Visa sees card spending surge as consumers open their wallets
Visa Inc. has found the upside in America’s addiction to credit-card debt.
Spending on the firm’s U.S. credit-card products climbed to $493 billion during the fiscal third quarter, when outstanding card debt reached a record in the country. Visa, the world’s largest payments network, has benefited from an increase in consumer spending, Chief Executive Officer Al Kelly said.
“Our third-quarter results reflect continued strength across all of our key business drivers and healthy economic fundamentals across the world,” Kelly said Wednesday in a statement.
Visa and rival Mastercard Inc. — which do not extend the loans for the cards that carry their brands — continue to benefit from a shift to electronic payments and improved consumer confidence in the U.S., which remains near an all-time high. During the 12-month period through June, prices on consumer goods in the U.S. rose at their fastest rate in six years, boosting Visa’s results.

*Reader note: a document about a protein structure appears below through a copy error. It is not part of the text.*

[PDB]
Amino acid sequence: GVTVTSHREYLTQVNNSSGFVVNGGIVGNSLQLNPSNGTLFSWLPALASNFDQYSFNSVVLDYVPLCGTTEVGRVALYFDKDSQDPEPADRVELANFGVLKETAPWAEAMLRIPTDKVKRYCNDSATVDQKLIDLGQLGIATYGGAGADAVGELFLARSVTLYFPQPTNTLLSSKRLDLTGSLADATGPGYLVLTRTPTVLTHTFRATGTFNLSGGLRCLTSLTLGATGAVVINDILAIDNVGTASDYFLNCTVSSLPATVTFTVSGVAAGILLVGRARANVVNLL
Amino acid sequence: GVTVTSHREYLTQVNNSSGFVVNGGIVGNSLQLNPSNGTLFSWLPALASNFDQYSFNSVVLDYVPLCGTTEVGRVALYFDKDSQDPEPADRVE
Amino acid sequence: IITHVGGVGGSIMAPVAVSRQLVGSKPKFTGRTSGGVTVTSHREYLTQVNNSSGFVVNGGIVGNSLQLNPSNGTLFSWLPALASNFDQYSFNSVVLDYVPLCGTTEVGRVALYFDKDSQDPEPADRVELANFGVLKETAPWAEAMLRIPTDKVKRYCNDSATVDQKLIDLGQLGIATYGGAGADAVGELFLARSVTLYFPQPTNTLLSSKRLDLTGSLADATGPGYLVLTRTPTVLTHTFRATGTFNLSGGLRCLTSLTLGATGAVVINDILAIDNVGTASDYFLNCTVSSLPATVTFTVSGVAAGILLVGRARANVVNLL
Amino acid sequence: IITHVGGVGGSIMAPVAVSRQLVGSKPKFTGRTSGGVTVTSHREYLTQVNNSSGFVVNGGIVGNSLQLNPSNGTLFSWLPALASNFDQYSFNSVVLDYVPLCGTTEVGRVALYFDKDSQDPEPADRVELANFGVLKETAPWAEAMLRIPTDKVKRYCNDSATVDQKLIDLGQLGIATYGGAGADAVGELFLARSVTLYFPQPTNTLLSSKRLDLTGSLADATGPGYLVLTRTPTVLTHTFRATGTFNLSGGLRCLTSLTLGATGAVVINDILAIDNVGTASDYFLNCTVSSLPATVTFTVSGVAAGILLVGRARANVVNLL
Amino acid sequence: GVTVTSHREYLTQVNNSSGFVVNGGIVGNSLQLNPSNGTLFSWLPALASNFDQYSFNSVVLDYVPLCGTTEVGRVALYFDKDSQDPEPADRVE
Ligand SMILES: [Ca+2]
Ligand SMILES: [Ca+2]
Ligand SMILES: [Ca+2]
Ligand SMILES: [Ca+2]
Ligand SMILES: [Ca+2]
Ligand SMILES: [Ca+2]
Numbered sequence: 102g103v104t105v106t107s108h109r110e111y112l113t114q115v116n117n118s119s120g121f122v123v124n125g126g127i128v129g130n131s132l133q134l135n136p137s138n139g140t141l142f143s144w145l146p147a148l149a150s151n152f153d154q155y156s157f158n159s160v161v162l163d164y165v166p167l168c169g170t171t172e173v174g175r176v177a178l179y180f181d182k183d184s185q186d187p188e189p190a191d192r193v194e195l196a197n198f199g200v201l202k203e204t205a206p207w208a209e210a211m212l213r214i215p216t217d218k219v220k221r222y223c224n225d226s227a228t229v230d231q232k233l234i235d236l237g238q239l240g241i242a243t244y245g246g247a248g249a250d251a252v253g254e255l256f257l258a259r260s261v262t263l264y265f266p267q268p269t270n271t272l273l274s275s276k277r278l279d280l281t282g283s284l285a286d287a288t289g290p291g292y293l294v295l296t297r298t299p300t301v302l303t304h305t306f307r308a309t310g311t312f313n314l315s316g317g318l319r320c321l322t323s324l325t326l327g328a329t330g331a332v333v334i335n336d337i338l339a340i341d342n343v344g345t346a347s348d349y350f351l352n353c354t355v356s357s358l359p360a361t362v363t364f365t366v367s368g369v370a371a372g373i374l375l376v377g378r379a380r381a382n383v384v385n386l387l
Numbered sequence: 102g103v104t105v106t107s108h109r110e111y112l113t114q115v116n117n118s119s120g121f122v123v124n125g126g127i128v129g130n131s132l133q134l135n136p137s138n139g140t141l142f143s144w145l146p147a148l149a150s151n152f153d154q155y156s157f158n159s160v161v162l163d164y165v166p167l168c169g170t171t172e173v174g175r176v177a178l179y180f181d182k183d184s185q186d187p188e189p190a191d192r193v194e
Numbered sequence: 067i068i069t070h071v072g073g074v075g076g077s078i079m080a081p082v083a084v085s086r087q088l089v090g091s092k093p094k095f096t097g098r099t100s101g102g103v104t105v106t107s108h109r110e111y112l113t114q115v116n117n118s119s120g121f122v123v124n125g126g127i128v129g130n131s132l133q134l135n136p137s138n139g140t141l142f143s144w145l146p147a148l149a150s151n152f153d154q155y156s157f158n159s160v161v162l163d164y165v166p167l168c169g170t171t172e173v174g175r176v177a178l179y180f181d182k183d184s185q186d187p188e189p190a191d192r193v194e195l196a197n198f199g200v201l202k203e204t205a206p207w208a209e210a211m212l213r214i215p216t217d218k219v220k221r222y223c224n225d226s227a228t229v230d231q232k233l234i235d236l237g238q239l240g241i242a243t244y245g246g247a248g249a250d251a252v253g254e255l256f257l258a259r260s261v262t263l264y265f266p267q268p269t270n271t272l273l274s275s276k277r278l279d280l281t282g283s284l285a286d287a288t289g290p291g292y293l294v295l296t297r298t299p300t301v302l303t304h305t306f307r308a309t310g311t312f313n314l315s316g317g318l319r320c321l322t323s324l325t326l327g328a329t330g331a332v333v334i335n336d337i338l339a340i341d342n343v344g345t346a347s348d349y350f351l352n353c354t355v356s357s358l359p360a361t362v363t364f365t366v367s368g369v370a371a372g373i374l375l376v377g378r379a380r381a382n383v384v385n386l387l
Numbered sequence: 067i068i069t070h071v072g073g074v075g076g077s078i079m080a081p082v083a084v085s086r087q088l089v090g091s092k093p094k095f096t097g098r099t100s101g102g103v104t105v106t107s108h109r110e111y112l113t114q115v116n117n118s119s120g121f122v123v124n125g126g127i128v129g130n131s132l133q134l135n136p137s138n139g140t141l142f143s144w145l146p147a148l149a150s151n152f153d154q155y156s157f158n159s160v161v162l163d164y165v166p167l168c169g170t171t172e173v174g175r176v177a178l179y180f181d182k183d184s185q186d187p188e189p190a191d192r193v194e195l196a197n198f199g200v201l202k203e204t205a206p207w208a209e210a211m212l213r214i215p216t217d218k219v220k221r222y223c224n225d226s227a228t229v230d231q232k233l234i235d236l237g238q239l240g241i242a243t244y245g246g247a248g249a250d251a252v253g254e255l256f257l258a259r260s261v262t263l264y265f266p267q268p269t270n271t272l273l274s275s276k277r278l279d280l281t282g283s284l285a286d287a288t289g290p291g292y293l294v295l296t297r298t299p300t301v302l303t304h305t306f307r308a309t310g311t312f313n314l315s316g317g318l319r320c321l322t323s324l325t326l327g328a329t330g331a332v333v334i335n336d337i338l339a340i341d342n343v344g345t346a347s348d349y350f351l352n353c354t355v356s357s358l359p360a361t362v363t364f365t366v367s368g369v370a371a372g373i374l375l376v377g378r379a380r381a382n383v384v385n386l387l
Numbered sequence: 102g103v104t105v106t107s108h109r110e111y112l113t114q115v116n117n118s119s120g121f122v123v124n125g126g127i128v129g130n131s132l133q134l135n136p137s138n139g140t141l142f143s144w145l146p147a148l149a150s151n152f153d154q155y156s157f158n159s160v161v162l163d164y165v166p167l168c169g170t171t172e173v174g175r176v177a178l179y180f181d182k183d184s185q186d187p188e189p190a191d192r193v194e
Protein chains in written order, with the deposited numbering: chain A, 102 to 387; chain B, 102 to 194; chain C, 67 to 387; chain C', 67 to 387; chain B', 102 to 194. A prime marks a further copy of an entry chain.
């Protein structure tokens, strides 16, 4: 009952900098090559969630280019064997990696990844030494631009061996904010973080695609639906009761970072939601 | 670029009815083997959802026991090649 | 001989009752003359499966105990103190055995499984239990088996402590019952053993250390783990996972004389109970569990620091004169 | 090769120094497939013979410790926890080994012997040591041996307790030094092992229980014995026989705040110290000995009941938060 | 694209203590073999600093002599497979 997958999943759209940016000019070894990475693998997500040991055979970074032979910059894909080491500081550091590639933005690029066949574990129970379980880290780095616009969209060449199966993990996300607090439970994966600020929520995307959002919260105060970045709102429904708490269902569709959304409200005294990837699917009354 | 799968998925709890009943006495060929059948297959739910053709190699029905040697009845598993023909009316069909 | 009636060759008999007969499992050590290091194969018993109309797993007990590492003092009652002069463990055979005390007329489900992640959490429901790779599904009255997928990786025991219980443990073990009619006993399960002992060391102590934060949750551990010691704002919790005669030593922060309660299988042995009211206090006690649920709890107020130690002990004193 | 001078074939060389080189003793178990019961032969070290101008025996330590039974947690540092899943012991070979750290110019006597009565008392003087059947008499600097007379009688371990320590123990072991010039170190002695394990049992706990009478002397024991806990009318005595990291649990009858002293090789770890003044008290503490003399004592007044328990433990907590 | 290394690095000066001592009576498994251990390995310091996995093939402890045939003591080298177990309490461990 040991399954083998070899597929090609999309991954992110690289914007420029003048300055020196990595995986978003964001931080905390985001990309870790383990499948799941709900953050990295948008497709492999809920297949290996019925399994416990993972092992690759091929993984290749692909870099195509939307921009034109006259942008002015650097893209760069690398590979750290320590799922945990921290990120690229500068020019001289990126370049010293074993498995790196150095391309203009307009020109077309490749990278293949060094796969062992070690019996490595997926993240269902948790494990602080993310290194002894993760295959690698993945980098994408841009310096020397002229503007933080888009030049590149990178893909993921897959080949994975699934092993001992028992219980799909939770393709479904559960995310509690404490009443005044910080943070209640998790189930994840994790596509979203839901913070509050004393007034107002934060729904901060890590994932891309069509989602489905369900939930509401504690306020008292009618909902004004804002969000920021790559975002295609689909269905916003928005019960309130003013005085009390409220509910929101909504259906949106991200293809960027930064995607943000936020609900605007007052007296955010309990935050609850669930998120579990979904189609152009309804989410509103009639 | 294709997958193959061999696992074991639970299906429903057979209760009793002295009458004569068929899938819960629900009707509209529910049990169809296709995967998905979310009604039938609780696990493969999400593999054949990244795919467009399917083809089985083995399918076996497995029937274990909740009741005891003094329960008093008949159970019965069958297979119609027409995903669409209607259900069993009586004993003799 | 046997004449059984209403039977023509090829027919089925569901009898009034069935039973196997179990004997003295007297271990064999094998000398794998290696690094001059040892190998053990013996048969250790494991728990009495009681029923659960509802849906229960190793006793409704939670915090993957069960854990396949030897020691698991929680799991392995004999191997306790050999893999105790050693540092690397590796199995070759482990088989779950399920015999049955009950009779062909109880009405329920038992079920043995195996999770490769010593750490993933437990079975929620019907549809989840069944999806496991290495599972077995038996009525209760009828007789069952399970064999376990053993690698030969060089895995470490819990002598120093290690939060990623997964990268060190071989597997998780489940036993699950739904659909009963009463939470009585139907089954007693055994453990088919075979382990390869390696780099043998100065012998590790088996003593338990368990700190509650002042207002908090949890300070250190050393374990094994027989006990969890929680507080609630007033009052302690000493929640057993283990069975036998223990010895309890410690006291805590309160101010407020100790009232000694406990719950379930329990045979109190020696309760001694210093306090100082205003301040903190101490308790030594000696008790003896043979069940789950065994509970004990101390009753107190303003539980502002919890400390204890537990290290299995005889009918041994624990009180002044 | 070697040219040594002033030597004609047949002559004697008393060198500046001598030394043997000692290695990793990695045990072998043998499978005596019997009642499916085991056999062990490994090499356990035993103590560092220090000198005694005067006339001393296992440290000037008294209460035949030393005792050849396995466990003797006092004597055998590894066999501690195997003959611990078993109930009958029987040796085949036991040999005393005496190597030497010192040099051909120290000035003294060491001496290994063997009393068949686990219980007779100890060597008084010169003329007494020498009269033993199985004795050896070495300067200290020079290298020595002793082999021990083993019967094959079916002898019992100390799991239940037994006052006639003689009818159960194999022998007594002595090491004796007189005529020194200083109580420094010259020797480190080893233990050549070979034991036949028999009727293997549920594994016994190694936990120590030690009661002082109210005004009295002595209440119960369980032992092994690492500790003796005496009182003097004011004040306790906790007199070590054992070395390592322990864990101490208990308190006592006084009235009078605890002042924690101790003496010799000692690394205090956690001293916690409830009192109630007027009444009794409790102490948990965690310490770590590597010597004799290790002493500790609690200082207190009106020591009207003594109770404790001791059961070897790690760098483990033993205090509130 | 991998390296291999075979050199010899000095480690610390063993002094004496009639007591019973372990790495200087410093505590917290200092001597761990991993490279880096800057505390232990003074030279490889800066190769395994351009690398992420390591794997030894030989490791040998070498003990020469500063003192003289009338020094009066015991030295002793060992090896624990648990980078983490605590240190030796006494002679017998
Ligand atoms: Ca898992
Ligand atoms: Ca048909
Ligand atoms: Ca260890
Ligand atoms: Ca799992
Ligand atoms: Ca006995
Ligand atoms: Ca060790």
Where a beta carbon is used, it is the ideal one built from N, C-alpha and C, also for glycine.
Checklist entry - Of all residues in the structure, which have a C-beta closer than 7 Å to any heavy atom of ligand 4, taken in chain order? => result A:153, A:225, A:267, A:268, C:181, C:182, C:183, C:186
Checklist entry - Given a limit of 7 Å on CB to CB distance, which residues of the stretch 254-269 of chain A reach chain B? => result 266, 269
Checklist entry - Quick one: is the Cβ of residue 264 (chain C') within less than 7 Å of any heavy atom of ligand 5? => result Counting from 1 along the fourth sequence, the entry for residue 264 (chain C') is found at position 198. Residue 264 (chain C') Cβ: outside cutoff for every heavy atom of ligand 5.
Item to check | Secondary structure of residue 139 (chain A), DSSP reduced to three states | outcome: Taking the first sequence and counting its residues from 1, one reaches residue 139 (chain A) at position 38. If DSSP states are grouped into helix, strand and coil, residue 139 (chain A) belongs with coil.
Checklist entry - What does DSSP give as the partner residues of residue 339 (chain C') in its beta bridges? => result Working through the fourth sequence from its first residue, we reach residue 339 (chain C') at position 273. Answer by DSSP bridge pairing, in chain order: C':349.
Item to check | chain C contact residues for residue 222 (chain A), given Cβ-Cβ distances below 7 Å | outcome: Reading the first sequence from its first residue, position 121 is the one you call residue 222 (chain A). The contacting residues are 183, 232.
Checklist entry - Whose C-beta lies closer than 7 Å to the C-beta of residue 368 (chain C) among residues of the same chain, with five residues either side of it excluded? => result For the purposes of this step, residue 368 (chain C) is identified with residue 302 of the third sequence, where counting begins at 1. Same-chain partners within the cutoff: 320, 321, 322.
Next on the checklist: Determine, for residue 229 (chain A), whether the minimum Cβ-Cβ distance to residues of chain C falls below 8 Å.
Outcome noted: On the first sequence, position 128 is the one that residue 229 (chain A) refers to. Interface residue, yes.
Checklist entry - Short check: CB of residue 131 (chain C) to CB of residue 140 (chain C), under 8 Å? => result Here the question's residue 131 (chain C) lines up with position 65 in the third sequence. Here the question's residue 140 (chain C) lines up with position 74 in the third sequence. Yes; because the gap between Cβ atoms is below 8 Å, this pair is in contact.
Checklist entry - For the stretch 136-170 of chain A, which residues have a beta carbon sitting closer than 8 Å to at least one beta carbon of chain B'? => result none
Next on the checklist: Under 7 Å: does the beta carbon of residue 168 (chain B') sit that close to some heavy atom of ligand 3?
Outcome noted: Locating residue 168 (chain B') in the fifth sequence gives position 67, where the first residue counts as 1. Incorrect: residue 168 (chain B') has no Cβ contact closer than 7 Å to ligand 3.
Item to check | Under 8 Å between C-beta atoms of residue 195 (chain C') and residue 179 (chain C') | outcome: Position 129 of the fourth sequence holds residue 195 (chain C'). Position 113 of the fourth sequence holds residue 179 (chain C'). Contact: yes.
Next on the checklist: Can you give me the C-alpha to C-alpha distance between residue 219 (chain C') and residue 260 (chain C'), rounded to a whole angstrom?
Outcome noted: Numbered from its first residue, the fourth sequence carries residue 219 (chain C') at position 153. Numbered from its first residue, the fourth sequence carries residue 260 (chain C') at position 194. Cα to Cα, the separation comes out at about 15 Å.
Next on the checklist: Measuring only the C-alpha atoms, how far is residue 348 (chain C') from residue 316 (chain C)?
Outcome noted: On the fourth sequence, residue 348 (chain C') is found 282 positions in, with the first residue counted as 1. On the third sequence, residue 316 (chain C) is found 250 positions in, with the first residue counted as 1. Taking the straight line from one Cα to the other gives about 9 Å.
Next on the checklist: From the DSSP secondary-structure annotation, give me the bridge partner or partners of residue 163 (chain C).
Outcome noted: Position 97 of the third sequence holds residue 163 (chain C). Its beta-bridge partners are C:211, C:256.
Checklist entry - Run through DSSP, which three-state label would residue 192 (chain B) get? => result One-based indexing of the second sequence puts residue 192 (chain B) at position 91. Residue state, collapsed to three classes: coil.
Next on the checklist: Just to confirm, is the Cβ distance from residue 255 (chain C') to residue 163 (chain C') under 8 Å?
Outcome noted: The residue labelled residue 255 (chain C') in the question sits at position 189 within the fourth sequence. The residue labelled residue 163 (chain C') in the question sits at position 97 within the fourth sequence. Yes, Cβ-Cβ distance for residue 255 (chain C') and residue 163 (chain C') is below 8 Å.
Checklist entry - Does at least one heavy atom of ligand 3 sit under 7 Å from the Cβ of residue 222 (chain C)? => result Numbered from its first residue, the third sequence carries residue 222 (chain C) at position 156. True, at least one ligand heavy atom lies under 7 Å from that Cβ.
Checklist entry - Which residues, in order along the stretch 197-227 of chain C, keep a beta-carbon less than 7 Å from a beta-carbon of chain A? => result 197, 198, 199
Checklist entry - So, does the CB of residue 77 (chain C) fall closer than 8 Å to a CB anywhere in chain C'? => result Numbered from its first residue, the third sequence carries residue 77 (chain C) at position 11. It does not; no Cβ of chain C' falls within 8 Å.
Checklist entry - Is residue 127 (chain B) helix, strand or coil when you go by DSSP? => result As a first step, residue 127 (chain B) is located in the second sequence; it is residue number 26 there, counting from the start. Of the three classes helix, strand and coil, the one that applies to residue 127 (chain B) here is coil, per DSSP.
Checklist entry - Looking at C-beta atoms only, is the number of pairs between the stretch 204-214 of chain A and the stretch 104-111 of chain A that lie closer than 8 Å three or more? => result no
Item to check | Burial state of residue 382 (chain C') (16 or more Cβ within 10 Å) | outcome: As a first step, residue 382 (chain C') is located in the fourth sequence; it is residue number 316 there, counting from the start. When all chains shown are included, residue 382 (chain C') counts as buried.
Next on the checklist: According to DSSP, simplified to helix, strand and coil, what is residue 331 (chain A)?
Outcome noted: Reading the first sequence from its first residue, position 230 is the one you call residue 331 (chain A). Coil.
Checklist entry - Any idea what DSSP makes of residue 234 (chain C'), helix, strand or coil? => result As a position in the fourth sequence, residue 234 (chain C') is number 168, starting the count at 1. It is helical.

Total spending on Visa’s network advanced 11 percent to $2.1 trillion in the quarter, just topping the $2.09 trillion average of analyst estimates compiled by Bloomberg. That helped revenue climb to $5.2 billion, a 15 percent increase compared with a year ago, exceeding estimates of $5.09 billion.
Visa lowered its forecast for a full-year, earnings-per-share growth rate to the “high 50s" from its previous forecast of the "low 60s." On an adjusted basis, which excludes one-time costs, the company now expects profit to rise in the "low 30s" rate, compared with its previous forecast in the "high 20s."
Here are other key metrics from Visa’s earnings:
Rebates designed to encourage banks to use Visa products climbed 20 percent to $1.37 billion, below the $1.47 billion average of analyst estimates compiled by Bloomberg. Net income jumped 13 percent to $2.32 billion, or $1 a share, from $2.06 billion, or 86 cents, a year earlier. Analysts’ estimates were for adjusted per-share earnings of $1.08. Operating expenses jumped 53 percent to $2.89 billion, the company said, primarily driven by a one-time provision related to litigation over swipe fees. That topped the $1.72 billion average of 11 analyst estimates compiled by Bloomberg.